Of course, if you do, we can do some troubleshooting, but usually the sorts of objects which I see need to be excluded are third-party applications which perform a lot of rapid-fire file I/O requests.

    Regards,

    Aryeh Goretsky
     
  18. Reedmikel

    Reedmikel Registered Member

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    Hello agoretsky - I can try the comparison tests you suggest. Just curious - have you ever tried doing the comparisons? As far as simple os files like pagefile.sys and hiberfil.sys, how often will ESET try to access them if they are not excluded? Pagefile.sys likely changes quite frequently - so does that mean NOD32 realtime protection will attempt to check it every time it changes? Or does NOD32 have some special table of special os files and knows to not keep checking it?

    Interesting that you said "ESET has invested a bit of time in optimizing its software, not just from the perspective of malware detection, but also the overhead it introduces into a system from things like on-access scanning and file I/O." I modified my default client policy to do a "smart" scan at 1pm every day and am amazed at how slow my computer performs during the scan. I even set it to Low Priority (can only imagine if it wasn't :). I was trying to mimic my prior AV software (VIPRE) that had a "quick scan" profile that only scanned memory and key Windows folders (e.g. %WINDIR%, %ProgramFiles% etc.). This quick scan would take only a few mins to complete, so could run every day without impact users. Can the same be done with NOD32? Does NOD32 support envir vars in the *paths* entered into the Exclusions section?
     
  19. SmackyTheFrog

    SmackyTheFrog Registered Member

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    A smart scan is automatically performed during user logon (up to once per day) as well as after every definition update (workstations will see that 2-3 times per day). Scheduling another one is superfluous and will not detect anything.

    I would strongly suggest starting with the defaults (maybe enable unwanted program detection and set strict cleaning for the full system scan profile) and work from there only if you encounter a problem. The defaults are quite intelligently configured and there really isn't much you need to do besides pointing clients as your update mirror and management server.

    System environment variables like %WinDir% are not supported in the exclusion list. You will need to include the full path, but hopefully everything you run these days is C:\Windows.
     
  20. agoretsky

    agoretsky Eset Staff Account

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    Hello,

    When I have performed an investigation into locked files (or file I/O issues) it was usually when investigating compatibility issues with third-party software, such as with file backup programs, a laptop manufacturer's diagnostic that generated verbose logs in HTML format, an odd device driver that communicated with its hardware over the loopback interface and so forth. Issues often started out as an investigation on the operating system side of things, like the Windows Filtering Platform bug ESET came across in Microsoft Windows Vista, but for the most part, it was mostly setting up exclusions for the application(s) or network connection(s) in question. I cannot recall the last time I performed an investigation suspect an operating system level compatibility issue, though (er, unless playing around with the Windows 8 Developer Preview counts).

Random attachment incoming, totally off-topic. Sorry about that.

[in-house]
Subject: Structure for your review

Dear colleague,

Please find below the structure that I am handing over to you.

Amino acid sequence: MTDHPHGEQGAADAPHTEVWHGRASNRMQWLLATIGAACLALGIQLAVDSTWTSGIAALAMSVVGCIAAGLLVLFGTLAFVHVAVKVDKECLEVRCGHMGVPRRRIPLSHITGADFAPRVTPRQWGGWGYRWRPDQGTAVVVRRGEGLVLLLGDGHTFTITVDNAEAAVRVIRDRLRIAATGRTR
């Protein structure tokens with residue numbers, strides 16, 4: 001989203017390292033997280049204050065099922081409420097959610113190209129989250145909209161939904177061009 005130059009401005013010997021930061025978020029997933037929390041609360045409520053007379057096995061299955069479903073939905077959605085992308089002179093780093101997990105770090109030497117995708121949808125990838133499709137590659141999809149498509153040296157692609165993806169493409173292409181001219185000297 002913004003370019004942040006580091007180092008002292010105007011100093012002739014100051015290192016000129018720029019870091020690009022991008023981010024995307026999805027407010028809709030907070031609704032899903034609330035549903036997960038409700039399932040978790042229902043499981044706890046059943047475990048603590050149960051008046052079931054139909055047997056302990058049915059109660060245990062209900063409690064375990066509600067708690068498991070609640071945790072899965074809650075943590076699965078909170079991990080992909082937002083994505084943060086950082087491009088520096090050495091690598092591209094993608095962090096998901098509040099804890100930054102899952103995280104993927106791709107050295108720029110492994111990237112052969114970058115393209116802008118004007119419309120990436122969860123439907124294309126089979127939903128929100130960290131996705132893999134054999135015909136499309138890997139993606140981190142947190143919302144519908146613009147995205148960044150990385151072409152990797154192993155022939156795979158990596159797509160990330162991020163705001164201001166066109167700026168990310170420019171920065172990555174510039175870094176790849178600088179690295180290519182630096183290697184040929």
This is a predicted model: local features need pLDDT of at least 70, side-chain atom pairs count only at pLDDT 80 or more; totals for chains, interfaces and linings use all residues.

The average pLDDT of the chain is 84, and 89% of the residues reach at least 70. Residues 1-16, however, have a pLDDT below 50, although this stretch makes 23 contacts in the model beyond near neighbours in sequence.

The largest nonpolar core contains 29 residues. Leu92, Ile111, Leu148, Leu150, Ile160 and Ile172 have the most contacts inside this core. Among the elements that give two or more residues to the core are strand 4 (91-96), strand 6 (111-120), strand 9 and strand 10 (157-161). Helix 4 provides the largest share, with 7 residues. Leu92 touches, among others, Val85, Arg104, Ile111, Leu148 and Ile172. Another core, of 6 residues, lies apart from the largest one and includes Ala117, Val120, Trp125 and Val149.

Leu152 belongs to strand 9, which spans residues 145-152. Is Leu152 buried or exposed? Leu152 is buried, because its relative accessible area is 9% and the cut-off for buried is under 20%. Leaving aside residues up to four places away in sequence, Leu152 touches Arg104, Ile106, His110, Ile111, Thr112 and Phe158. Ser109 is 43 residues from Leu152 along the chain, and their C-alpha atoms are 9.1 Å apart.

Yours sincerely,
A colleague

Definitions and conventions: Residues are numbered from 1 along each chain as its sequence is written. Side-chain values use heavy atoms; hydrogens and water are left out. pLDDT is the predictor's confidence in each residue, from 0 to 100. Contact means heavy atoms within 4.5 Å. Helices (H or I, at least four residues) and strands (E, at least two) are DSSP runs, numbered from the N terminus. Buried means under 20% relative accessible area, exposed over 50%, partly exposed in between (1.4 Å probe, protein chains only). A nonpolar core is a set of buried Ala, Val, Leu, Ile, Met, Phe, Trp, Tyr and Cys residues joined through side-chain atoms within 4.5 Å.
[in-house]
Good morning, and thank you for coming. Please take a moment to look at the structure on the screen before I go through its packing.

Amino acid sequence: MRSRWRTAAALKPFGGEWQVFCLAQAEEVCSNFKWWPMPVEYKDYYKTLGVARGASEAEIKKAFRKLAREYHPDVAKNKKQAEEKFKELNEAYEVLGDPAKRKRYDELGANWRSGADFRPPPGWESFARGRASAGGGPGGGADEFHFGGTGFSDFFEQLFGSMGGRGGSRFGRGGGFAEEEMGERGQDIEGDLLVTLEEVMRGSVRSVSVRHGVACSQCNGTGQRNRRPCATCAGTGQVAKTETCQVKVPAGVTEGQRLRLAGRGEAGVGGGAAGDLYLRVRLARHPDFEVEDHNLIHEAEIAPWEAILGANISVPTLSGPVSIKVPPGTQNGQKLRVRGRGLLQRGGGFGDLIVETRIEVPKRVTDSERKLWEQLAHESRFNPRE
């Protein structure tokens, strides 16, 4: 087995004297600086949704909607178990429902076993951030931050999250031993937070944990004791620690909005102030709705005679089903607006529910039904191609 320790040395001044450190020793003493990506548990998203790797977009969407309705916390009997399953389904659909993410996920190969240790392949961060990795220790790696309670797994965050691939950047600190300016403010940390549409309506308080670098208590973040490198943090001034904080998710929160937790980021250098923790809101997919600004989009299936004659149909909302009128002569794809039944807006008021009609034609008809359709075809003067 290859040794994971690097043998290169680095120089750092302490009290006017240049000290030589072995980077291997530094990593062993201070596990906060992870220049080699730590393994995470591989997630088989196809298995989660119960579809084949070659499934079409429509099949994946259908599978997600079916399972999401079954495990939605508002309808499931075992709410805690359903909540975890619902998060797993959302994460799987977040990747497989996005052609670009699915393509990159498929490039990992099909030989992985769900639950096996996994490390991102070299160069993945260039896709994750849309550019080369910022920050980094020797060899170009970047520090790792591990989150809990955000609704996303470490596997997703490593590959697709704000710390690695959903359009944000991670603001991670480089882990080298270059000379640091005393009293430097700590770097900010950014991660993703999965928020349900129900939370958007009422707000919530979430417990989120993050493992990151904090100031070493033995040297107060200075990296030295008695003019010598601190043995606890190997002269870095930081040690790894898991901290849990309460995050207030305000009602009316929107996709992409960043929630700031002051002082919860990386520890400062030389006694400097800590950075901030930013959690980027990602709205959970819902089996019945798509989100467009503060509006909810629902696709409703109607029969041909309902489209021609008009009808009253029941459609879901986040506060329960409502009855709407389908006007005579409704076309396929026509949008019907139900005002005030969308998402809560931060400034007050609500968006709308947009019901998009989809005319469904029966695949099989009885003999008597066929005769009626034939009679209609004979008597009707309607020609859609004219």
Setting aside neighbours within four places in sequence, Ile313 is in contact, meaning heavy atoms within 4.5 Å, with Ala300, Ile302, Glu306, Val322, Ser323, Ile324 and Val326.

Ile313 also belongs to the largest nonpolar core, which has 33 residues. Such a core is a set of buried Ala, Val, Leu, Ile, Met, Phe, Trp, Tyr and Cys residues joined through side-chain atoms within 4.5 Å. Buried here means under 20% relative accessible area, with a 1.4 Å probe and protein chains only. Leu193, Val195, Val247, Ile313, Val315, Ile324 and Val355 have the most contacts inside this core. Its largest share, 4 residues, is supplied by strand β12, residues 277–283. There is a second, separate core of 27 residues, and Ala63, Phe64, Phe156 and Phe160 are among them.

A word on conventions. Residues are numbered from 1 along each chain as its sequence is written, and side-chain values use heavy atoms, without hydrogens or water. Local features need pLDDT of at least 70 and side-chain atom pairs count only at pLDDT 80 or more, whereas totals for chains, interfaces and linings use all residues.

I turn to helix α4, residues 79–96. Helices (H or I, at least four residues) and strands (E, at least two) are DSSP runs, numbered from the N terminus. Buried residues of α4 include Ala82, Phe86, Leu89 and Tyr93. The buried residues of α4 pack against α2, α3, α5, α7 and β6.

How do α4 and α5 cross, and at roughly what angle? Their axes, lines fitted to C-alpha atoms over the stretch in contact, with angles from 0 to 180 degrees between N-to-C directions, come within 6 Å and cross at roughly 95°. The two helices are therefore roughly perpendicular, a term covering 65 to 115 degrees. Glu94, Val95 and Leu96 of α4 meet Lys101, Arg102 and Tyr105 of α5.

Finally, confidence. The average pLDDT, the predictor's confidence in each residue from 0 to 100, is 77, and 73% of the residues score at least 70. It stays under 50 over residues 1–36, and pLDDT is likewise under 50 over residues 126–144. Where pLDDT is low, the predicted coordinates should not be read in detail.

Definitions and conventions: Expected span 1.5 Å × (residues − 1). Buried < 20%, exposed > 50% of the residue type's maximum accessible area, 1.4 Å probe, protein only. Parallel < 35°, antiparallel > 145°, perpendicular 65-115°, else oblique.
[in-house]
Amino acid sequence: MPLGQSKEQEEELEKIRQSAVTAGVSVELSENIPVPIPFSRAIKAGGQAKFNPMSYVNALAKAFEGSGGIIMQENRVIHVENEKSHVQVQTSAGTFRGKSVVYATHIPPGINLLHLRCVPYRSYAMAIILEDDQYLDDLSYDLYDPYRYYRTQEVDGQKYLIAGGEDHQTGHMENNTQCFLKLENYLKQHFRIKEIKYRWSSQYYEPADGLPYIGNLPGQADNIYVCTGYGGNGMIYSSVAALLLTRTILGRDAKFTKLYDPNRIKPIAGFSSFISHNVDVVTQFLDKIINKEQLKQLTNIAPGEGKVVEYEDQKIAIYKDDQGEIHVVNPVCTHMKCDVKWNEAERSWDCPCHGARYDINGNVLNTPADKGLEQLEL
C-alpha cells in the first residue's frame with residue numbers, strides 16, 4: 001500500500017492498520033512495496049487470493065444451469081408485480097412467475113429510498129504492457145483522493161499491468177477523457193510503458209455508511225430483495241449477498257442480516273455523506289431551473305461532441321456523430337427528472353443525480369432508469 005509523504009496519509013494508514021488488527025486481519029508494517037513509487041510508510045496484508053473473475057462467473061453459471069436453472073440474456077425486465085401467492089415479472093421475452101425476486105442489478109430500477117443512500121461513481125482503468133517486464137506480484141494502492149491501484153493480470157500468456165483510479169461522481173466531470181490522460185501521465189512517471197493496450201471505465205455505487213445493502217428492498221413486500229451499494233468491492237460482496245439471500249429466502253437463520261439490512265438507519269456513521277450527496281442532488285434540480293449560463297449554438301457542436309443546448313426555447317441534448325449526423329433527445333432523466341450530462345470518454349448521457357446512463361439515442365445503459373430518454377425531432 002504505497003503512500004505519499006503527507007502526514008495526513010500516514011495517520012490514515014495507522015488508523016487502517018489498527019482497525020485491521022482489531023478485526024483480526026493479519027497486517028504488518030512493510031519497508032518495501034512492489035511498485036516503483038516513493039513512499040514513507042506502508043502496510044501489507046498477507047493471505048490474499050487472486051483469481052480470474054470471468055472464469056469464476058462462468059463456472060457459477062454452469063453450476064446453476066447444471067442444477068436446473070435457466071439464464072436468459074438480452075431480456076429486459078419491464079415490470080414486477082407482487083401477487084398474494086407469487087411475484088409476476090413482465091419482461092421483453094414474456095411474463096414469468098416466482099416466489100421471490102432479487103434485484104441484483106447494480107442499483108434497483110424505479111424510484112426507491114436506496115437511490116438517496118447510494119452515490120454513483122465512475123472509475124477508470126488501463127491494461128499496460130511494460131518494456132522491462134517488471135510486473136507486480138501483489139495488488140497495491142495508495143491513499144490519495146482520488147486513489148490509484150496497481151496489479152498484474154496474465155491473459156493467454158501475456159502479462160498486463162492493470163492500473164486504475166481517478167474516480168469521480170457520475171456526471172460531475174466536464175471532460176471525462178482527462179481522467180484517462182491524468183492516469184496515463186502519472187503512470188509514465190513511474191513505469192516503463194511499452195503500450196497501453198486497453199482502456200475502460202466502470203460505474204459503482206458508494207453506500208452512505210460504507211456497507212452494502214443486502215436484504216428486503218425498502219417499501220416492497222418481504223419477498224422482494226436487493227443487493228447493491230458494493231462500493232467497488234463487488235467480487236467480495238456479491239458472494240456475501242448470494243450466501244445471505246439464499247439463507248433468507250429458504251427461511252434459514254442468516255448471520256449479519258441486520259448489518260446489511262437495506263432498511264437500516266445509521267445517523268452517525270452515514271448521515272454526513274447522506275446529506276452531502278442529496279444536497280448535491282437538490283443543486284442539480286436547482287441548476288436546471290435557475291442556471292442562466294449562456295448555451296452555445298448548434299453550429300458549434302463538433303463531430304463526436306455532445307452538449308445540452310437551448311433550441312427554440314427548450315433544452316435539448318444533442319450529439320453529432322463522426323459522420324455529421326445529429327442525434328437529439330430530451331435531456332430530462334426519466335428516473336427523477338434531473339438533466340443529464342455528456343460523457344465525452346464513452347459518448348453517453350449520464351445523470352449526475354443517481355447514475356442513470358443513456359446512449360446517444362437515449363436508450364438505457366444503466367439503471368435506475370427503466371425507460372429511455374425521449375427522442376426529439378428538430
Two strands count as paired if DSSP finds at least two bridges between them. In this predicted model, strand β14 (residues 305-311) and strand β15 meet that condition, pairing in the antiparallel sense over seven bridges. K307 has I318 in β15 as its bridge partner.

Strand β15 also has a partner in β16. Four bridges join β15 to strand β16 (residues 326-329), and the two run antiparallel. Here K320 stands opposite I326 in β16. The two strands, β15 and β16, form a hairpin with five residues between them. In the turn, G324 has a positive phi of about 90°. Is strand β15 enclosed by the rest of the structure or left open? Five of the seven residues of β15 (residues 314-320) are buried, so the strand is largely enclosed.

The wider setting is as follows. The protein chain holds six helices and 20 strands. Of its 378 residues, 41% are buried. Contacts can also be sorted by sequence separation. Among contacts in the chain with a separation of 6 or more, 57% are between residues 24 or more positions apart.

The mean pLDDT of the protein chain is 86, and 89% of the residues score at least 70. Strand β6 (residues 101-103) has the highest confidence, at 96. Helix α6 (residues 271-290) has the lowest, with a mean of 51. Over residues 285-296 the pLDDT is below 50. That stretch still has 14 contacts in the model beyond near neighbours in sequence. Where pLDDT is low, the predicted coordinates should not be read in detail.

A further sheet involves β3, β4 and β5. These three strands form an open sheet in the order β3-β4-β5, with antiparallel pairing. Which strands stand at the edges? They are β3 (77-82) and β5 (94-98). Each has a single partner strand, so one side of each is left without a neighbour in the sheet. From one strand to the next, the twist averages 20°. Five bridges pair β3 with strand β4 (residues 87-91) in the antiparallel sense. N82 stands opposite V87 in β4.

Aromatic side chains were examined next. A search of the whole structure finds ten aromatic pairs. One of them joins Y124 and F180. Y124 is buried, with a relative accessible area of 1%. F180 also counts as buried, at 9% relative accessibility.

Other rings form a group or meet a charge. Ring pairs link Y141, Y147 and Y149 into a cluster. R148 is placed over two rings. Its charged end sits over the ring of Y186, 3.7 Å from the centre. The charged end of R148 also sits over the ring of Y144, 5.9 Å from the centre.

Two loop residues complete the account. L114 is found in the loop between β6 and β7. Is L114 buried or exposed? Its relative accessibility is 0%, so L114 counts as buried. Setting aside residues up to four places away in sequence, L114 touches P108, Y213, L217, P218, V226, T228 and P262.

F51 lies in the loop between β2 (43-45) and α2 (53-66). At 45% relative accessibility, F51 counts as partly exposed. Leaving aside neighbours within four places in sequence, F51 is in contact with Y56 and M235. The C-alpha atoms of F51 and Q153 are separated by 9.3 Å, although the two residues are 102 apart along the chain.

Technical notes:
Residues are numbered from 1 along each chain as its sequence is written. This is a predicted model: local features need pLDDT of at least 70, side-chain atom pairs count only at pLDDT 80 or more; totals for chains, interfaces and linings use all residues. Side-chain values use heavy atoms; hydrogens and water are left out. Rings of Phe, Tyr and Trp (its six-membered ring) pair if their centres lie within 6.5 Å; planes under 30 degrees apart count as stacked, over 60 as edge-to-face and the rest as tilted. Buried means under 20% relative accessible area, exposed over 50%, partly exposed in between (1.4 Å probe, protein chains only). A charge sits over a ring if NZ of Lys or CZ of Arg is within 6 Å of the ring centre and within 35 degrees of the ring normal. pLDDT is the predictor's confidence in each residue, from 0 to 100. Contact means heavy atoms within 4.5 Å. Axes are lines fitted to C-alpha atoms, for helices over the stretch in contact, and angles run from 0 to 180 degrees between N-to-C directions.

Is the computer performing the scan with smart optimization at 1:00PM rebooted between scans? The reason that I ask is some of the caching techniques (for lack of a better term) used by the smart optimization algorithm are not persistent. Running smart optimized scans without a reboot between them should show some improvement in scans over time. Anecdotally, I have noted here in the forum that those who seem to benefit the most are avid gamers with many games installed.

    You could probably create a custom scan similar to what GFI VIPRE does, listing the specific paths to scan, disabling the scanning of all files and choosing which ones to scan based on their extension and so forth. However, I am not familiar enough with VIPRE to know their exact scanning configurations. Environment variables are not supported in the path specification for current versions of ESET's software, but it is under consideration for a future release.

    Regards,

    Aryeh Goretsky


     
  21. Reedmikel

    Reedmikel Registered Member

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    I just updated EMU to 5162 and see that pseudo environment variables are in the exclusions section of the config.107.xml file. e.g. "%WINDOWS DIR%". I guess ESET is creating their own nomenclature instead of using Microsoft's? Can we get a list of the supported envir var names to use in our own config files?